An official of the external affairs ministry was telling me about the government's plans to evacuate all Indians from Kuwait.
"The minister is keen that all Indians should be repatriated and we are doing it on a war footing. We will not rest till the last Indian has been brought liome," he said.
"I am happy to hear that," I said. "How long do you think it will take you to bring them all back?"
"It is difficult to say at this stage," the official said. "You must understand, this is only the beginning. But in the first year we plan to bring back at least, and I repeat - at least, 20 per cent of the Indian population in Kuwait."
"How many years will it take you to complete the evacuation?" I asked.
The official looked through some files, made calculations on a paper, and said: "we will take it fiver years at a time. The first five years we will try and bring back as many of the women and children as we can. The next five years, the older man and those who may be ill for various reasons. After that, we will see."
"It is going to be a long project," I said. "How do you expect our people to live there all this time?"
"They will be looked after," the official said. "Our minister will be visiting them regularly, both Mr. Gujral and Mr. Arif Mohammed Khan. The will talk to them and assure themthat they are not forgotten and the government has their cases in mind at all times."
"Is there no way that the governemtn can speed up the process of repatriating them?" I asked.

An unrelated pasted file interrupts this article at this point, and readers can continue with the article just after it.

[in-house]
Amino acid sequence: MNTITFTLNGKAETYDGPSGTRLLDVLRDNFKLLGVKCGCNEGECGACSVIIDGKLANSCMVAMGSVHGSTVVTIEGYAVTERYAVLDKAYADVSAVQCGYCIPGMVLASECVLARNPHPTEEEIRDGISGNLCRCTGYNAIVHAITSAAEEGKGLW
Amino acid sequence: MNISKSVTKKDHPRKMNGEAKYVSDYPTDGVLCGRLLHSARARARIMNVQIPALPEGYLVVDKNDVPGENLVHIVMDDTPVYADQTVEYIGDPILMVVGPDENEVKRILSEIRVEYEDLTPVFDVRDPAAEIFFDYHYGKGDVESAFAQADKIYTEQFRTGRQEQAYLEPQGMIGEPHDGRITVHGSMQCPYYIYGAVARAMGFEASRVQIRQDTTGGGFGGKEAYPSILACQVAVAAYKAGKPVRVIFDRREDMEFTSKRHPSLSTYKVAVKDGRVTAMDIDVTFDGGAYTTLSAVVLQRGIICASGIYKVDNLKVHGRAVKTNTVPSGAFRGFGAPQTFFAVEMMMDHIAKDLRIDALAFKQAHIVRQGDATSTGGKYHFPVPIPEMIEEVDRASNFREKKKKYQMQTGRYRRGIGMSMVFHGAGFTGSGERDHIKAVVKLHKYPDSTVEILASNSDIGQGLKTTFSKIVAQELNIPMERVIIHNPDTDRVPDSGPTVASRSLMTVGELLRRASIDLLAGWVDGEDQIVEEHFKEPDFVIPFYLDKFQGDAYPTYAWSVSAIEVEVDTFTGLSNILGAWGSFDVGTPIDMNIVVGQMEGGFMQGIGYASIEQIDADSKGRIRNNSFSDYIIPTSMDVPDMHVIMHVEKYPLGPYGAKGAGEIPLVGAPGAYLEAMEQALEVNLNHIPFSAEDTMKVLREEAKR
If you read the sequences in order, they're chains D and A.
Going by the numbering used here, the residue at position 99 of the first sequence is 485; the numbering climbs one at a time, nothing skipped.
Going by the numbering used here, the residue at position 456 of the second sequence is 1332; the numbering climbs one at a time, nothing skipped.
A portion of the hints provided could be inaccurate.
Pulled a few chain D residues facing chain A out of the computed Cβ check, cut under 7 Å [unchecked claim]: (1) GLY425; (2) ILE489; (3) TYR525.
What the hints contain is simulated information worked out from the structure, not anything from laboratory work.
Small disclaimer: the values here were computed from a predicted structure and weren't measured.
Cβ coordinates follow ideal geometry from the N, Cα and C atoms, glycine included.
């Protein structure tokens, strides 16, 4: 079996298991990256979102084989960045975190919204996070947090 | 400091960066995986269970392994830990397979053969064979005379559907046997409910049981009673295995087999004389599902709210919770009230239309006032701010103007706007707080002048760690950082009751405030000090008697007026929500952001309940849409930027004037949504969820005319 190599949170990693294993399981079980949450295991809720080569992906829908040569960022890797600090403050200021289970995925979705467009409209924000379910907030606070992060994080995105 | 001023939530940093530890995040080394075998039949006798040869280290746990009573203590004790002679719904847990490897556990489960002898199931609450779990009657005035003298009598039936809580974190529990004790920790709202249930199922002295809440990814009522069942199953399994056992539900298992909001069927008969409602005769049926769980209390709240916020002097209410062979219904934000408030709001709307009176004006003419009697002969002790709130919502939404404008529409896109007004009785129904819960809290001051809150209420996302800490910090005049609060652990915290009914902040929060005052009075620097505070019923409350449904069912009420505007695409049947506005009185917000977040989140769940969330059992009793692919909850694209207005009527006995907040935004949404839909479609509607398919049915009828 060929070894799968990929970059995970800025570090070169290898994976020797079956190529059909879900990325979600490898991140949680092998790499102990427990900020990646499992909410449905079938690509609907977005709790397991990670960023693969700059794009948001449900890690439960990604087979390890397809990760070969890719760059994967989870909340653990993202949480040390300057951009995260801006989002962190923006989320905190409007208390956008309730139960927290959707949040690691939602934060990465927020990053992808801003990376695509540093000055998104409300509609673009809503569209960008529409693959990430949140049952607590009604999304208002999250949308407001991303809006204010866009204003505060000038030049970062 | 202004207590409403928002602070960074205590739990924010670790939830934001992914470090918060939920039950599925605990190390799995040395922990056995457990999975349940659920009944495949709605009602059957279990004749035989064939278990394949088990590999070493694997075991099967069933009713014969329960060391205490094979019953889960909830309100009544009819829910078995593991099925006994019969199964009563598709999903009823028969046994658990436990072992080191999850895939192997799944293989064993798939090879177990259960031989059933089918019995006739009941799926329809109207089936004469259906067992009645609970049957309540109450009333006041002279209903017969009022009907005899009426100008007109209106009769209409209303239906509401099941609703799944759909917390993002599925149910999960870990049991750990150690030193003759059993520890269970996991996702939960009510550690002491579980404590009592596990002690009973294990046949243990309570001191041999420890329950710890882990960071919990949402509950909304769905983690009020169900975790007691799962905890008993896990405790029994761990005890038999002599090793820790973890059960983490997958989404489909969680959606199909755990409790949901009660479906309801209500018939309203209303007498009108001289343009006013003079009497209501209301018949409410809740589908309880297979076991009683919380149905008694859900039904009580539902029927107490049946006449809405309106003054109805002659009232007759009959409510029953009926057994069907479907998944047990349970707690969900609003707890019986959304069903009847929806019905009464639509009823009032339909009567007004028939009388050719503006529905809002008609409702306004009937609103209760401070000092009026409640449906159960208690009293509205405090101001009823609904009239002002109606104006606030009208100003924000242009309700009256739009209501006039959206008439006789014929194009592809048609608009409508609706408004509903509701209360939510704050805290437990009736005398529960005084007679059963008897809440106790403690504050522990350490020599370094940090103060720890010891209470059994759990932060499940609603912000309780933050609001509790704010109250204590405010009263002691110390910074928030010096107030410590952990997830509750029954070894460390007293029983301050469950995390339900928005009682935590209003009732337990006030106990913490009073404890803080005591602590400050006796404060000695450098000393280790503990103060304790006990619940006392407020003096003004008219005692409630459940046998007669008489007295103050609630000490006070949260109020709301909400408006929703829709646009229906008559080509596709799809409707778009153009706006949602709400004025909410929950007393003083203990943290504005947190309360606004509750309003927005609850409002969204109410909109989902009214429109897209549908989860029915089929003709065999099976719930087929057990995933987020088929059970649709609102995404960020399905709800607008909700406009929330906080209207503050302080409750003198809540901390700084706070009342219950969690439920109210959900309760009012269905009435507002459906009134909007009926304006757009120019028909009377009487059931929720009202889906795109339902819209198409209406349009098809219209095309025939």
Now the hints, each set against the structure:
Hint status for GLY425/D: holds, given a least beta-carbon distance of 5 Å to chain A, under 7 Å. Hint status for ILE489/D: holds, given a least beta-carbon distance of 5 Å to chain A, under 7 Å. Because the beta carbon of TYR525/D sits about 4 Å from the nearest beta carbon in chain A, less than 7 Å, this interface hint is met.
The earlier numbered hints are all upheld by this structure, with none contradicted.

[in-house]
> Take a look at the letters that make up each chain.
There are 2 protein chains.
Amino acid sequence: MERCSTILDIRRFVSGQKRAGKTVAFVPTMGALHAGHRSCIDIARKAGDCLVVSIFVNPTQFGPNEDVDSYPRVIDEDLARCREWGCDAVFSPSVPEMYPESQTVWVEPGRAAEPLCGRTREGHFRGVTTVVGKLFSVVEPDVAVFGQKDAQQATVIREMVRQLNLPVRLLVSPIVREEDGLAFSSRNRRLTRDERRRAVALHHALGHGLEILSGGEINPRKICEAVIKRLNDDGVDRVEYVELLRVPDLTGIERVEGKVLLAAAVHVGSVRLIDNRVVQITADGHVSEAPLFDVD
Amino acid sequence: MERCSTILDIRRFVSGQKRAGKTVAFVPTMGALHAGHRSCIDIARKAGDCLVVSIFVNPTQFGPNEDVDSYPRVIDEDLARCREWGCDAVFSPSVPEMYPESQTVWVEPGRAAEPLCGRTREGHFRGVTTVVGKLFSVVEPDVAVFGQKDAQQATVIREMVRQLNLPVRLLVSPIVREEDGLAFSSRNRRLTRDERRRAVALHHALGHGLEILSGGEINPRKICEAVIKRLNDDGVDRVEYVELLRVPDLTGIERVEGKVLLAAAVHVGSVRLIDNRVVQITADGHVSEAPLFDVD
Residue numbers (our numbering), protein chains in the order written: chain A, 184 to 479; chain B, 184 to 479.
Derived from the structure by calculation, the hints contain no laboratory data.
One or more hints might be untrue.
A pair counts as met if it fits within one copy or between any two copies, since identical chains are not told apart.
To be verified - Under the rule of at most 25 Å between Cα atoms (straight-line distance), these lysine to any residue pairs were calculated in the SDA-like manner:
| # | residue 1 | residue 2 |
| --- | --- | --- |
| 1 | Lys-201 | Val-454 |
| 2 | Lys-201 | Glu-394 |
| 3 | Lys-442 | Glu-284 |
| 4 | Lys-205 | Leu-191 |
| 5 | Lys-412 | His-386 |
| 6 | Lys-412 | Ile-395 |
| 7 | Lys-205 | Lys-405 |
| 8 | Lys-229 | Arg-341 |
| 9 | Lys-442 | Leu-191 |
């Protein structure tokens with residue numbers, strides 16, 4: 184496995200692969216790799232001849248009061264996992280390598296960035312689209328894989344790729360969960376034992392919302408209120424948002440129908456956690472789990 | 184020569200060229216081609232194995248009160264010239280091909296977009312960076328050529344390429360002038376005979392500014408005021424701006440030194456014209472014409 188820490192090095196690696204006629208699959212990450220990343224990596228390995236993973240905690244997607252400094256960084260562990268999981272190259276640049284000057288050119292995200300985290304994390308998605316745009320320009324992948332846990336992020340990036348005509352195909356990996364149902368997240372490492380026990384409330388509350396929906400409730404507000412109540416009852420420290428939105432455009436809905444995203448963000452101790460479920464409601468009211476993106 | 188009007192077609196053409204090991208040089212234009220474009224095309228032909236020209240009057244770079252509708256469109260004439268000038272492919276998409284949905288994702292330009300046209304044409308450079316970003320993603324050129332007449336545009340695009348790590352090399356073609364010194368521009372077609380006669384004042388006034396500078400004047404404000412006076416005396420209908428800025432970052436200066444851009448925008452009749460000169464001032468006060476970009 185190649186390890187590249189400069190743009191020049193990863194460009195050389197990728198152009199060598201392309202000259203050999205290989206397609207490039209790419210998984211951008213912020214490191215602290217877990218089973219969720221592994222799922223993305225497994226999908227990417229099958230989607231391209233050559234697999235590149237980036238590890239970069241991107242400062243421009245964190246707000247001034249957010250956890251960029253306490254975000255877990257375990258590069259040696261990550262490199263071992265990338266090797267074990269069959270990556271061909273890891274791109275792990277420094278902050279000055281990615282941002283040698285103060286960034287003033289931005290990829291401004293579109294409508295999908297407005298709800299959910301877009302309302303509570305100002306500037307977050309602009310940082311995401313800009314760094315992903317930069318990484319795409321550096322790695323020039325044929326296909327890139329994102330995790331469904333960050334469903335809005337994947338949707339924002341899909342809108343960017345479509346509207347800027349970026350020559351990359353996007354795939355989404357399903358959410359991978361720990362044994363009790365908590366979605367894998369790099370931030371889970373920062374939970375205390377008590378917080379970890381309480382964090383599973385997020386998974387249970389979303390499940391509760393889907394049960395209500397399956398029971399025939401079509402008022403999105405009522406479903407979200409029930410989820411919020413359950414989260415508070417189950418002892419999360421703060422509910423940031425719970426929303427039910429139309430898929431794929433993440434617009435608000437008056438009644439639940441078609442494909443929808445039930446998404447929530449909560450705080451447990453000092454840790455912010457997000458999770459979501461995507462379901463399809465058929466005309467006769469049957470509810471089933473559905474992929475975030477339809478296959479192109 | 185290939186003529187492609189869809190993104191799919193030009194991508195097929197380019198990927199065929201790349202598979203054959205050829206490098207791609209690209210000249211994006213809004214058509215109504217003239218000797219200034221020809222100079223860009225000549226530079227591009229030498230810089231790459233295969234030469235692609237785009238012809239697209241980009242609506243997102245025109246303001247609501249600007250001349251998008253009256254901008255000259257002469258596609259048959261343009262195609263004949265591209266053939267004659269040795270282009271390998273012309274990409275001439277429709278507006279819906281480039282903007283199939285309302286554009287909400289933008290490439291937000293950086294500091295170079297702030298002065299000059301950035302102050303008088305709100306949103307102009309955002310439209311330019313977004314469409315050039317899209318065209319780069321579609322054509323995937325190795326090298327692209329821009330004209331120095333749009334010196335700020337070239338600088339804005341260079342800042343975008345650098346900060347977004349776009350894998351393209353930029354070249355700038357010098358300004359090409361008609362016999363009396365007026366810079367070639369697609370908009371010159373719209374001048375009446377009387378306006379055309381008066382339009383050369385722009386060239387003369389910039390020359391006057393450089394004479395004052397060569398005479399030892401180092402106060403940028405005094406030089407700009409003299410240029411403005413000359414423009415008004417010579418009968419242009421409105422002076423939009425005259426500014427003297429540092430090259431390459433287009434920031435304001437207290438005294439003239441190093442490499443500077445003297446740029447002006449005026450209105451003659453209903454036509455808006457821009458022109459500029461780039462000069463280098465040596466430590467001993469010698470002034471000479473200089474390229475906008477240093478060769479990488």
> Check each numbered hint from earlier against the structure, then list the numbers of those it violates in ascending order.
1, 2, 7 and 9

"How much more can we speed up!" the official said. "Every day we are bringing back 300 to 400 people. You must have yourself seem them no television. From next week, we are trying to add another 100 to this number. The trouble is that everybody wants to come out of Kuwait and Iraq, nobody wants to go in. so, one way, our palnes have to fly empty."
"What about ships?" I asked. "Some time back there were reports that the government was sending ships to bring them back."
"We are negotating, the minister of shippeing and the minister of surface transpot have had meetings. I am sure something worthwhile will come out of these meetings. I can assure you no sone is being left unturned."
"Well," at least you have increased the number of Air-India flights from Amman daily, the should help," I said.
"I doubt it," the offcical said. "The expatrates are refusing to fly on the A-320s. They say they would rather face Saddam Hussein's bulets than risks flying in the A-320s."